Peter Voulkos (born Panagiotis Harry Voulkos; 29 January 1924 – 16 February 2002) was an American artist of Greek descent. He is known for his abstract expressionist ceramic sculptures, which crossed the traditional divide between ceramic crafts and fine art. He established the ceramics department at the Los Angeles County Art Institute and at UC Berkeley.
Peter Voulkos was born the third of five children to Greek immigrant parents, Aristovoulos I. Voulkopoulos, anglicized and shortened to Harry (Aris) John Voulkos and Effrosyni (Efrosine) Peter Voulalas.
After high school, he worked as a molder’s apprentice at a ship’s foundry in Portland. In 1943, Peter Voulkos was drafted into the United States Army during the Second World War, serving as an airplane gunner in the Pacific.
Voulkos studied painting and printmaking at Montana State College, in Bozeman (now Montana State University), where he was introduced to ceramics (Frances Senska, who established the ceramics arts program, was his teacher). Ceramics quickly became a passion. His 25 pounds of clay allowed by semester by the school was not enough, so he managed to spot a source of quality clay from the tires of the trucks that would stop by the restaurant where he worked part-time.
He earned his MFA in ceramics from California College of the Arts and Crafts, in Oakland. Afterwards, he returned to Bozeman, and began his career in a pottery business with classmate Rudy Autio, producing functional dinnerware.
In 1951 Voulkos and Autio became the first resident artists at the Archie Bray Foundation for the Ceramic Arts, in Helena, Montana. It is from his time as Resident Director (1951-1954) that the lineage of his mature work, later in full bloom during his tenure at the Otis Art Institute in Los Angeles, California, can be traced.
In 1953, Voulkos was invited to teach a summer session ceramics course at Black Mountain College in Asheville, North Carolina. After the summer at Black Mountain, he changed his approach to creating ceramics. The artist eschewed his traditional training and instead of creating smooth, well-thrown glazed vessels he started to work gesturally with raw clay, frequently marring his work with gashes and punctures.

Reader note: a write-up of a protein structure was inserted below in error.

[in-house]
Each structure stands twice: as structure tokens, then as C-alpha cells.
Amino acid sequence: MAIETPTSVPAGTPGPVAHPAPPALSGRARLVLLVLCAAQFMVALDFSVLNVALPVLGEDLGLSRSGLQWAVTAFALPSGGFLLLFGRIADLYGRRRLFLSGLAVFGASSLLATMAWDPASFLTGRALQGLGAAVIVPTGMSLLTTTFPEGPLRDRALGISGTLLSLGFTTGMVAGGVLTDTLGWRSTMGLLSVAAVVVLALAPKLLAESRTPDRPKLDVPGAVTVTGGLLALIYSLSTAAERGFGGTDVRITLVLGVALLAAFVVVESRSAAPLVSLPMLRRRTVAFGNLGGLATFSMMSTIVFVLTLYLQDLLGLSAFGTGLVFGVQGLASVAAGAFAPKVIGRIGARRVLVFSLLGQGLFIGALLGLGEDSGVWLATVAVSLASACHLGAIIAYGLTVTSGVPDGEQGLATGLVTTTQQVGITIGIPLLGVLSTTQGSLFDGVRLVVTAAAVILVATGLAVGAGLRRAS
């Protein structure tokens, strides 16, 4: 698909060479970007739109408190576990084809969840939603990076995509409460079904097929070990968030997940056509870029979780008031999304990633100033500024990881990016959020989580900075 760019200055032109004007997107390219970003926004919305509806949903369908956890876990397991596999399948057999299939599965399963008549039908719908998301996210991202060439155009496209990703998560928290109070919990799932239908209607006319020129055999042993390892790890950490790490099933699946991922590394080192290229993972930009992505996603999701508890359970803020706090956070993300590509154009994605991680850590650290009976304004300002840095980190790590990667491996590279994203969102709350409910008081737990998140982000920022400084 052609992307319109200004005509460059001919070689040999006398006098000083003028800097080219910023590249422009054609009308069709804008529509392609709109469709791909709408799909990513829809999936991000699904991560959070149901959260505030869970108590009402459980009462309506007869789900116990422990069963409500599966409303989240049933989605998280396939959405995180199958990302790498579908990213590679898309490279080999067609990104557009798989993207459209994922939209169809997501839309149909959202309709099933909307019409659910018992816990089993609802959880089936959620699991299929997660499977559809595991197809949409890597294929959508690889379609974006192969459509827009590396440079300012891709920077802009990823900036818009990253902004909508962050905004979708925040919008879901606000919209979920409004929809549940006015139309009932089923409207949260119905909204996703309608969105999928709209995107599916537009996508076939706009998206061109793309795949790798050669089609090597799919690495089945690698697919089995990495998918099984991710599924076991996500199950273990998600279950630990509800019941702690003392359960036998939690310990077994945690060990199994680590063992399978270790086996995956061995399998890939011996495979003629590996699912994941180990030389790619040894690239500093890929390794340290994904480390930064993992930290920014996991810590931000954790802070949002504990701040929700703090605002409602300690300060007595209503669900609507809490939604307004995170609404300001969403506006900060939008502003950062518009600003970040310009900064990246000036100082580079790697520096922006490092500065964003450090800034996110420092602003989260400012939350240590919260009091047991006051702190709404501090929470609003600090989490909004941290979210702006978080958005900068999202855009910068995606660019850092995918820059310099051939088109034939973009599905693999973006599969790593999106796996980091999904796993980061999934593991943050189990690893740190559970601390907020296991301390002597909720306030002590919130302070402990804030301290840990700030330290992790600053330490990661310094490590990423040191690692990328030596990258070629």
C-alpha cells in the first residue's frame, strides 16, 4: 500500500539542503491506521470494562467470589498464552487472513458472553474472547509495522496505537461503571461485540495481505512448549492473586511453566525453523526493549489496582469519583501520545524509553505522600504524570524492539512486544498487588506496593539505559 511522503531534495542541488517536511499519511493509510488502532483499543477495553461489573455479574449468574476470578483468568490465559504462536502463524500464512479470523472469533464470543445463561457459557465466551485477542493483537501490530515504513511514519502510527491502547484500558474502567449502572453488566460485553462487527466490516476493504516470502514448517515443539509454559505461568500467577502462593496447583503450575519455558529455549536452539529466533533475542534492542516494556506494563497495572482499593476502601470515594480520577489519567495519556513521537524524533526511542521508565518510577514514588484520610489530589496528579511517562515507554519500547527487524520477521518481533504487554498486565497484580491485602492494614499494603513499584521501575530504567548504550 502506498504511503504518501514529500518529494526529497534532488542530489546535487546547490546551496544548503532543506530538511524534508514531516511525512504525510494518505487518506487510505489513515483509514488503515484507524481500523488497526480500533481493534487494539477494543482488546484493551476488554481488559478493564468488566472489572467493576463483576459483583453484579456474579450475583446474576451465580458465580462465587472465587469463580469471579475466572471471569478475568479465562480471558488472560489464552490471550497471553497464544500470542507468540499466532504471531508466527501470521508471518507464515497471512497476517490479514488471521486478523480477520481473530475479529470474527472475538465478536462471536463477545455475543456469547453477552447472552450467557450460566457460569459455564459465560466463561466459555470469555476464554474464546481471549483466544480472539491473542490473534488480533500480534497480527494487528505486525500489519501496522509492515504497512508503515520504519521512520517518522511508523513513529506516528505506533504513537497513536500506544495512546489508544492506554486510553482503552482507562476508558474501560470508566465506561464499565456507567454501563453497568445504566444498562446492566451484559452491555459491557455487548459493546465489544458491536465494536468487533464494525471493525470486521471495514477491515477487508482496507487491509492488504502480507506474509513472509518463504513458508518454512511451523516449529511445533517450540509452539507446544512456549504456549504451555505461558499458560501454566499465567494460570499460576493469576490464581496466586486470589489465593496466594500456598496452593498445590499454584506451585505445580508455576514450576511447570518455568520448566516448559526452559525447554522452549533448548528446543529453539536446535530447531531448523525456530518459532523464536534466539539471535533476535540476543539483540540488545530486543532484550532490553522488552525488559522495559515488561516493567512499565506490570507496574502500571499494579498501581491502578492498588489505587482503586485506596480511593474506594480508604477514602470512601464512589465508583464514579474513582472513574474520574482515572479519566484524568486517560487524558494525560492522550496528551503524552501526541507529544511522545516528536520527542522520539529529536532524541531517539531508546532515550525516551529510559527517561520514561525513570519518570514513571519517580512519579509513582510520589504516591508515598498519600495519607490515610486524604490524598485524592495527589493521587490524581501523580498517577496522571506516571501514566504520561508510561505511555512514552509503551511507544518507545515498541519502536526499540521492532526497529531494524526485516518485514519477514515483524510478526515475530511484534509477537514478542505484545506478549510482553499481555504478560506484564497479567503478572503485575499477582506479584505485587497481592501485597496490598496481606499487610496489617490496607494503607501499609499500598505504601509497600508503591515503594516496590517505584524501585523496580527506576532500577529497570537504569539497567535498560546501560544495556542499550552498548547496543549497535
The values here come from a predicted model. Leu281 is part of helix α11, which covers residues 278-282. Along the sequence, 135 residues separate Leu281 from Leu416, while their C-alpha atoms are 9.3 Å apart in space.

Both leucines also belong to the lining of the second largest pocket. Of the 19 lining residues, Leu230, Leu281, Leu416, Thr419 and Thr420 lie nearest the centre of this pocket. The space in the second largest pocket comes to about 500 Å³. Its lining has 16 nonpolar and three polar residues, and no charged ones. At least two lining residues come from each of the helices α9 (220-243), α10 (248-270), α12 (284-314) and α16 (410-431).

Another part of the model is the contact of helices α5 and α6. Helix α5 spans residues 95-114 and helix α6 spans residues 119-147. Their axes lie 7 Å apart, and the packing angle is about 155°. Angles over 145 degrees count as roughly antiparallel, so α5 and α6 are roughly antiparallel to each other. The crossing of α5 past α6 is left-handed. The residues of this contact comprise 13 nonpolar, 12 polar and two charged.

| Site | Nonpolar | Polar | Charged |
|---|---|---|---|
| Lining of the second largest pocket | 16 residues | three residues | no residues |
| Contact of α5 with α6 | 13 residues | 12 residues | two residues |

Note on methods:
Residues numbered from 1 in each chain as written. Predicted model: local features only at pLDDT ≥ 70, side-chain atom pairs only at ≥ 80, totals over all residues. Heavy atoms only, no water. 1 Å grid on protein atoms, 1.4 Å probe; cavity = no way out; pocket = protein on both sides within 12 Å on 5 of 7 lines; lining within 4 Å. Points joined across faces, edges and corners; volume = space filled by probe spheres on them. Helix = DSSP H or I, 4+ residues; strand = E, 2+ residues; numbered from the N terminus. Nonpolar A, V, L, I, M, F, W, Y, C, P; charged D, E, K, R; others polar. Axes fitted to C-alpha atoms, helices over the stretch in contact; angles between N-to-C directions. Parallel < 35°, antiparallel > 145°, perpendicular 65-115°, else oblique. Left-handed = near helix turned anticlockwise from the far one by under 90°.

In 1954, after founding the art ceramics department at the Otis College of Art and Design, called the Los Angeles County Art Institute, his work rapidly became abstract and sculptural. In 1959, he presented for the first time his heavy ceramics during the exhibition at the Landau Gallery in Los Angeles. This created a seismic reaction in the ceramics world, both for the grotesquerie of the sculptures’ shapes and the genius marriage of arts and craft, and accelerated his transfer to UC Berkeley.
UC Berkeley’s ceramics department
He moved to the University of California, Berkeley, in 1959, where he also founded the ceramics program, which grew into the Department of Design. In the early 1960s, he set up a bronze foundry off-campus, anticipating the metal cast Wurster Hall, and started exhibiting his work at NY’s Museum of Modern Art.
At a New York auction in 2001, a 1986 sculpture by Peter Voulkos was sold $72,625 to a European museum.
While his early work was fired in electric and gas kilns, later in his career he primarily fired in the anagama kiln of Peter Callas, who had helped to introduce Japanese wood-firing aesthetics in the United States. Peter Voulkos is also among those who raised ceramics to the non-utilitarian, aesthetic sphere. While setting up the ceramics department at UC Berkeley, his students were authorized to make a teapot, “only if it didn’t work”. Voulkos started this new trend while in Los Angeles in the 1950s, saying, “there was a certain energy around L.A. at the time”. He is most commonly identified as an Abstract Expressionist ceramist.
Voulkos’s sculptures are known for their visual weight, their freely-formed construction, and their aggressive and energetic decoration. During shaping, he would vigorously tear, pound, and gouge their surfaces. At some points in his career, he cast sculptures in bronze; and in early periods his ceramic works were glazed or painted and/or finished with painted brushstrokes.
Peter Voulkos is also memorable for the live ceramics-sculpting sessions he would lead in front of his students, demonstrating live the hard work being his ceramics style, and his talent throughout this process. His creativity quest sometimes led to the use of commercial dough-mixing machines to mix the clay, and the development of a prototype for an electric potter’s wheel.
In 1979 he was introduced to the use of wood firing in anagama kilns by Peter Callas, who became his collaborator for the next 23 years. Most of Voulkos’s late work was wood-fired in Callas’s anagama, which was located at first in Piermont, New York, and later, in Belvidere, New Jersey. This unique partnership and the resulting work is considered by many curators and collectors to be the most exuberant period of Voulkos’s career.